The election to the House of Representatives, its lower house of the National Assembly, will select 110 winners from 293 candidates, one from each district. The opposition claims the Belarus parliament has turned into a “pocket” chamber that rubberstamps President Aleksandr Lukashenko’s directives. Lukashenko, who has ruled Belarus since 1994, was re-elected in in December 2010. Dozens of opposition figures, including political rivals, were arrested after violent protests in Minsk following the announcement of the presidential election results.

23 September 2012

RIA-Novosti

http://en.ria.ru/exsoviet/20120923/176172647.html

23 September 2012. If You Think that the OCA Situation is Murky Now…

I can understand why people such as Mark don’t want to chronicle THIS… but it WAS the end result of all the years of lies from SVS, Syosset, and the OCA/ROCOR First Families, coupled with unhinged konvertsy delusions (Fathausen, anyone?). It still doesn’t make it pleasant or palatable… but deal with it, we must.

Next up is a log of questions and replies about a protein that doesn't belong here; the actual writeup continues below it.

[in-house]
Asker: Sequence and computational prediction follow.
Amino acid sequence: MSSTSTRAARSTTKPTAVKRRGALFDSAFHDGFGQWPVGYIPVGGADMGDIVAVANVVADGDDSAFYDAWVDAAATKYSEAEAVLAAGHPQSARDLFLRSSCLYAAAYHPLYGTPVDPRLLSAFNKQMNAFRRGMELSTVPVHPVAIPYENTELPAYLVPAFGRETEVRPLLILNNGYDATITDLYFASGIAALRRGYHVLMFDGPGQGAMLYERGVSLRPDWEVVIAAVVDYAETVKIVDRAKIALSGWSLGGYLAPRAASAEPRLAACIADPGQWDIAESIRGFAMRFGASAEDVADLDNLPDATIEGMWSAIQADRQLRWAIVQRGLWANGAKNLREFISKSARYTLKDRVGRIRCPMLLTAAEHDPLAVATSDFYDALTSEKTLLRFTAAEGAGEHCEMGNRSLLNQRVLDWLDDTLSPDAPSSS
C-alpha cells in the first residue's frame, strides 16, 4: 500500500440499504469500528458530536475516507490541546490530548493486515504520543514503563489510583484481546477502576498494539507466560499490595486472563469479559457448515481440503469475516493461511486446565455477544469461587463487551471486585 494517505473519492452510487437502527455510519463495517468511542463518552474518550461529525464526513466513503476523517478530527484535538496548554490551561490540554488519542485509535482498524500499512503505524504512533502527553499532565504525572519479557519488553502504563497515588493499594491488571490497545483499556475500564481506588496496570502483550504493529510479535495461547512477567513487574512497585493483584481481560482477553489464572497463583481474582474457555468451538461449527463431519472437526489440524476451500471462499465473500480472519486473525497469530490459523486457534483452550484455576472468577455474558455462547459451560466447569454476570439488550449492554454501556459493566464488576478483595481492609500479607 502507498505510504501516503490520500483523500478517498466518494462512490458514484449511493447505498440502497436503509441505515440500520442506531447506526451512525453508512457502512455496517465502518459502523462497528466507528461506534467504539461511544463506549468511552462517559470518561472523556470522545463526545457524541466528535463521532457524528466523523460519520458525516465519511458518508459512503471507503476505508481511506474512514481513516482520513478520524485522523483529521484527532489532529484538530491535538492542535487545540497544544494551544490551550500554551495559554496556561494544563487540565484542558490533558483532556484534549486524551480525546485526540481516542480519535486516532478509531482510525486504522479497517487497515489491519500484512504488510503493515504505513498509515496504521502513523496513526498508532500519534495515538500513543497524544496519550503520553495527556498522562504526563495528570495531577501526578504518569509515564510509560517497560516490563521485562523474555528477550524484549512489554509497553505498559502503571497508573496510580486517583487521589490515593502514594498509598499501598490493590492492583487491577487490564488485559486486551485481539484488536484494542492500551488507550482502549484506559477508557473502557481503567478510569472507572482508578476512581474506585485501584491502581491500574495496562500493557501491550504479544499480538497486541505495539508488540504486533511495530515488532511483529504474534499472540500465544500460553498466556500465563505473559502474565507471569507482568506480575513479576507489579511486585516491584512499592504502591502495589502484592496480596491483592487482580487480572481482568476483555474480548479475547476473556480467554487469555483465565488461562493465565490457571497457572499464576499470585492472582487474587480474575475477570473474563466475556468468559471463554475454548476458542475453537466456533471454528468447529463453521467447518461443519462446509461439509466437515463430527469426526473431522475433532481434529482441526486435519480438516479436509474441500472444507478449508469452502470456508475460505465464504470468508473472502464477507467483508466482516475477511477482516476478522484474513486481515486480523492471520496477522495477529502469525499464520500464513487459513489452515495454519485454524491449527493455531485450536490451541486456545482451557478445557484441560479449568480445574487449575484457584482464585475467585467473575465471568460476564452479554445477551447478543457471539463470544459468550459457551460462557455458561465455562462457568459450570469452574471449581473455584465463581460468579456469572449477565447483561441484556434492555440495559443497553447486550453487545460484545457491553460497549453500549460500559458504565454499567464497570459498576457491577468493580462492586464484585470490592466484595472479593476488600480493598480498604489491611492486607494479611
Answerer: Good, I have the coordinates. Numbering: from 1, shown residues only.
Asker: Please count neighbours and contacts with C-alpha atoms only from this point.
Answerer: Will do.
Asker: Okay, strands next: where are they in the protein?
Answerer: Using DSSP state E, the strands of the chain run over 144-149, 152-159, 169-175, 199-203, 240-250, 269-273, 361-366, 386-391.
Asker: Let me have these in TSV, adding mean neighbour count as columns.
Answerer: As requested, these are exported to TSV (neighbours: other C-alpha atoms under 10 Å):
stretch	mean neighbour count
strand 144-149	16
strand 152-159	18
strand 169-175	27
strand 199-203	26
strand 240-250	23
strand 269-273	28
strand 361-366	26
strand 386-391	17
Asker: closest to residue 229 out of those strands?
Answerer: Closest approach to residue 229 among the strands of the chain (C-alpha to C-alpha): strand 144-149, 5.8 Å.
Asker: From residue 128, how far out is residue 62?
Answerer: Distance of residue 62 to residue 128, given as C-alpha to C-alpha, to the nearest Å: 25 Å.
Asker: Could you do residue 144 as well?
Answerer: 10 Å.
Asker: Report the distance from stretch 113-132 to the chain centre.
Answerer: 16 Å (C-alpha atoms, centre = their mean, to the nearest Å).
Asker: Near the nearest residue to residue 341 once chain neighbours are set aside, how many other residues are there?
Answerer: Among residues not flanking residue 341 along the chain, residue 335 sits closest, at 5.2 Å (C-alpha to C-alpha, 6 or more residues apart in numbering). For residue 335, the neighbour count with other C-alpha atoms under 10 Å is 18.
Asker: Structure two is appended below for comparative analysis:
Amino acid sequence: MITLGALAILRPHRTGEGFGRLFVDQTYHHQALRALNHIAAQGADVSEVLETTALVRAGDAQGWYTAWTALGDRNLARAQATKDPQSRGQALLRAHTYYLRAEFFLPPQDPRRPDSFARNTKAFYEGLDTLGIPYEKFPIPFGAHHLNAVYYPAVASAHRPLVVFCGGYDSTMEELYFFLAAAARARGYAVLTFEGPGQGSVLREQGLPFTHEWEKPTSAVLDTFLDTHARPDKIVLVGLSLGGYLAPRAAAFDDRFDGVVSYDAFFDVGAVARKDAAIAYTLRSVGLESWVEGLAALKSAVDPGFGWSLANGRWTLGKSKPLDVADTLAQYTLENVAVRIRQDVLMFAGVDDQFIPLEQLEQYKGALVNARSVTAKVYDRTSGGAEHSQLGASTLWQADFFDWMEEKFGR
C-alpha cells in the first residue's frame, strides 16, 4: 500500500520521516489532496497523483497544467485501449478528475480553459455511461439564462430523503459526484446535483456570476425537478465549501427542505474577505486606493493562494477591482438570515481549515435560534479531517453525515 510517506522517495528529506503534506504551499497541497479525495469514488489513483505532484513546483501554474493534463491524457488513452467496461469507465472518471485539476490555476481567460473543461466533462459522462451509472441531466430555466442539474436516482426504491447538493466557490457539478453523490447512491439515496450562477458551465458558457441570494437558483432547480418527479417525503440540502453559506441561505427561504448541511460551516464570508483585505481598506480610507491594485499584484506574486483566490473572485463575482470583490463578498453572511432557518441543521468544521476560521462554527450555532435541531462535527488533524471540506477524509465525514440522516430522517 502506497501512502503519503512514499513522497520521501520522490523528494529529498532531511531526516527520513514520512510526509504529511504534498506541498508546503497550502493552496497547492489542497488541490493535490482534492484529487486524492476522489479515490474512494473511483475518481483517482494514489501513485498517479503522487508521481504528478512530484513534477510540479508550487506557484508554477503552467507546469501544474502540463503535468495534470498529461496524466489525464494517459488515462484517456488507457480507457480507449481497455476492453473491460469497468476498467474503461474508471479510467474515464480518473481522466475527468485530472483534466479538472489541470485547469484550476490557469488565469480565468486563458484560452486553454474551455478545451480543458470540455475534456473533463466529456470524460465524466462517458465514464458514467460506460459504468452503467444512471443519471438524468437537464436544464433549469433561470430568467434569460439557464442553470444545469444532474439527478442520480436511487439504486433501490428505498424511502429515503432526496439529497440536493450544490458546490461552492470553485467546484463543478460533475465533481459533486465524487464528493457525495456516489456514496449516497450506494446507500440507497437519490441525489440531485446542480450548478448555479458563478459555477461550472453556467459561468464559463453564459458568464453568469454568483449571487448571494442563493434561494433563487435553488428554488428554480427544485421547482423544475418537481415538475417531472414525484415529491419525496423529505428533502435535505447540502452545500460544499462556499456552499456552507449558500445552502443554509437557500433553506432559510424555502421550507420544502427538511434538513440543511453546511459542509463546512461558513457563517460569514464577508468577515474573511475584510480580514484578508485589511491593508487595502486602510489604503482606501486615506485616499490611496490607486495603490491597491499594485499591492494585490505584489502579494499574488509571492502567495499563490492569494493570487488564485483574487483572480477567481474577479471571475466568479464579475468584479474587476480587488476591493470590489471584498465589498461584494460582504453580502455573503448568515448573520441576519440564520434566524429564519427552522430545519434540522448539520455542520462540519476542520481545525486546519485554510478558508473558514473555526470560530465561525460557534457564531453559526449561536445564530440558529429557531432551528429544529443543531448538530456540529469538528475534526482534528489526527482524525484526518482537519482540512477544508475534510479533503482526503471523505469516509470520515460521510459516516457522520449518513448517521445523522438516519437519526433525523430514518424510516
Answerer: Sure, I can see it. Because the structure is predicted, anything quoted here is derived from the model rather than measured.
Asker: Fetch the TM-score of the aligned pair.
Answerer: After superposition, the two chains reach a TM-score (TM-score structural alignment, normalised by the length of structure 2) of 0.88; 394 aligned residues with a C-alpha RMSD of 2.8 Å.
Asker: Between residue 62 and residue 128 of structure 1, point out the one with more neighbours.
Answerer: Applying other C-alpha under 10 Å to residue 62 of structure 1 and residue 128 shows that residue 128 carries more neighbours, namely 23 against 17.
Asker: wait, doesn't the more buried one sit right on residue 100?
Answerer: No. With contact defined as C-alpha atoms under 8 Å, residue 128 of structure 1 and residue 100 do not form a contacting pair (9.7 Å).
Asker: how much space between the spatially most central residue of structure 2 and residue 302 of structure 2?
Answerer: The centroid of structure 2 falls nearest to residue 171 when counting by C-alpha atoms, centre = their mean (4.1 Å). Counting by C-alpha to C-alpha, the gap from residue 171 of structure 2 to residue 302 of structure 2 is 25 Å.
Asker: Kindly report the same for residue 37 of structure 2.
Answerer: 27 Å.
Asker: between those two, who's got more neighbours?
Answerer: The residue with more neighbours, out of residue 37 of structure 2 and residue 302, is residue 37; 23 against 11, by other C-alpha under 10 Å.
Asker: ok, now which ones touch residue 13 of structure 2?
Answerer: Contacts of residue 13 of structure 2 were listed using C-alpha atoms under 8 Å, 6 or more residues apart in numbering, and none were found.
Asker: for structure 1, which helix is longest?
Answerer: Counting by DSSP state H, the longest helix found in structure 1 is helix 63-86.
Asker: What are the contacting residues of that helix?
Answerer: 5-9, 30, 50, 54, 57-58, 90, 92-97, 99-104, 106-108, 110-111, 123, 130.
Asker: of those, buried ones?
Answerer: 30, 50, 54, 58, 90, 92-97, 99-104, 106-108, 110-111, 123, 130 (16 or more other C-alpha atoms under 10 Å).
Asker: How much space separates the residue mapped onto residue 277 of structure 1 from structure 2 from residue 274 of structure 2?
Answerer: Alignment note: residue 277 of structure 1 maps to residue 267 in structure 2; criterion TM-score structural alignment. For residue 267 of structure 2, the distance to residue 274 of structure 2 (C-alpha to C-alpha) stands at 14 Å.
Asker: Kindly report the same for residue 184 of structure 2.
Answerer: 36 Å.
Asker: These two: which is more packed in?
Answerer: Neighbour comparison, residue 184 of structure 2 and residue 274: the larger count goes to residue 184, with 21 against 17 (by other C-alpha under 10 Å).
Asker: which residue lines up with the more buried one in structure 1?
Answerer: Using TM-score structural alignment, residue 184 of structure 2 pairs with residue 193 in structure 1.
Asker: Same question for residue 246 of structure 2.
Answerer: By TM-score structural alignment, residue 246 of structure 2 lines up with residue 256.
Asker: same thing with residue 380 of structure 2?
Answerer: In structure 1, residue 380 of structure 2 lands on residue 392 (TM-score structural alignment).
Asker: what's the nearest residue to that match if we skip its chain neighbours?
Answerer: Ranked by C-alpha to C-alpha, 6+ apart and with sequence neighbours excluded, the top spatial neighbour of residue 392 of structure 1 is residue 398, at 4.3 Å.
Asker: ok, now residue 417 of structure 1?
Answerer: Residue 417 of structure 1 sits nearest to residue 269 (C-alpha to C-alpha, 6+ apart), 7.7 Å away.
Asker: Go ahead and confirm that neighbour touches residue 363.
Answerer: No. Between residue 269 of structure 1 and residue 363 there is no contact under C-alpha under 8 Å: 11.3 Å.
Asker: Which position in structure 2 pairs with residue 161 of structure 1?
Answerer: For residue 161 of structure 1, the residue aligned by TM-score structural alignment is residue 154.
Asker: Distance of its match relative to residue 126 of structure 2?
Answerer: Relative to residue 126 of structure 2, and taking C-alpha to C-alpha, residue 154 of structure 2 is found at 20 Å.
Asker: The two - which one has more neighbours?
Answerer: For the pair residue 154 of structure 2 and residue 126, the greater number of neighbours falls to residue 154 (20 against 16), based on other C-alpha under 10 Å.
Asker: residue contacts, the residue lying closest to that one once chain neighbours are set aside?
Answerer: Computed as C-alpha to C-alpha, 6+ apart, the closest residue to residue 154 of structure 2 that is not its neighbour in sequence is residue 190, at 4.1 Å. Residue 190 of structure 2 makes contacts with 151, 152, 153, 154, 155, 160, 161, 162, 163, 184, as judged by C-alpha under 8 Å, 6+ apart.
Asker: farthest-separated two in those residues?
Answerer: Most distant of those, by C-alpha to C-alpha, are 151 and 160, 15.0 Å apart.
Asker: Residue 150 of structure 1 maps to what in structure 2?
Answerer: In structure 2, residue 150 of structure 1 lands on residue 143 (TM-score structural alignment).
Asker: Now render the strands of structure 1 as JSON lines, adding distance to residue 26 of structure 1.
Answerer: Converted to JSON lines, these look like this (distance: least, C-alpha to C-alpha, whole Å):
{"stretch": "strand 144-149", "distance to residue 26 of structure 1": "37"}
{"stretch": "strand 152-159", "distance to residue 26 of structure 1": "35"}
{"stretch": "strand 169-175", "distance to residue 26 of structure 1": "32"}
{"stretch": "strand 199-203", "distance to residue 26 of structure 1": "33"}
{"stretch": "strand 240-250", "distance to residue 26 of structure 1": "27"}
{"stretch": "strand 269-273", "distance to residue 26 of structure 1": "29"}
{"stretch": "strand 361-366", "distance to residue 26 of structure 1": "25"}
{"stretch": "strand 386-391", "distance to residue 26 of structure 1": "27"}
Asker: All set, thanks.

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I got this from a contact:

The people who pay attention to such things are grumbling that we’ve had no news since Moriak’s letter about a month ago and nothing seems to be happening. Our priest, when asked, says he has no news either. Moriak’s still commemorated in services. He’s supposedly on administrative leave, yet the schedule of parish visitations is still up on the diocesan website, which a few people think is misleading and confusing. I’ve heard stories about people not wanting to go to the Diocesan Assembly and the Sobor, but their parish asked them to go as their delegate. It’s very odd, when others want to be delegates. Now, tell me, what person chooses to go to such an event? They must like watching train wrecks, I assume. It’s been too quiet and I’m waiting for the proverbial other shoe to drop.

I replied: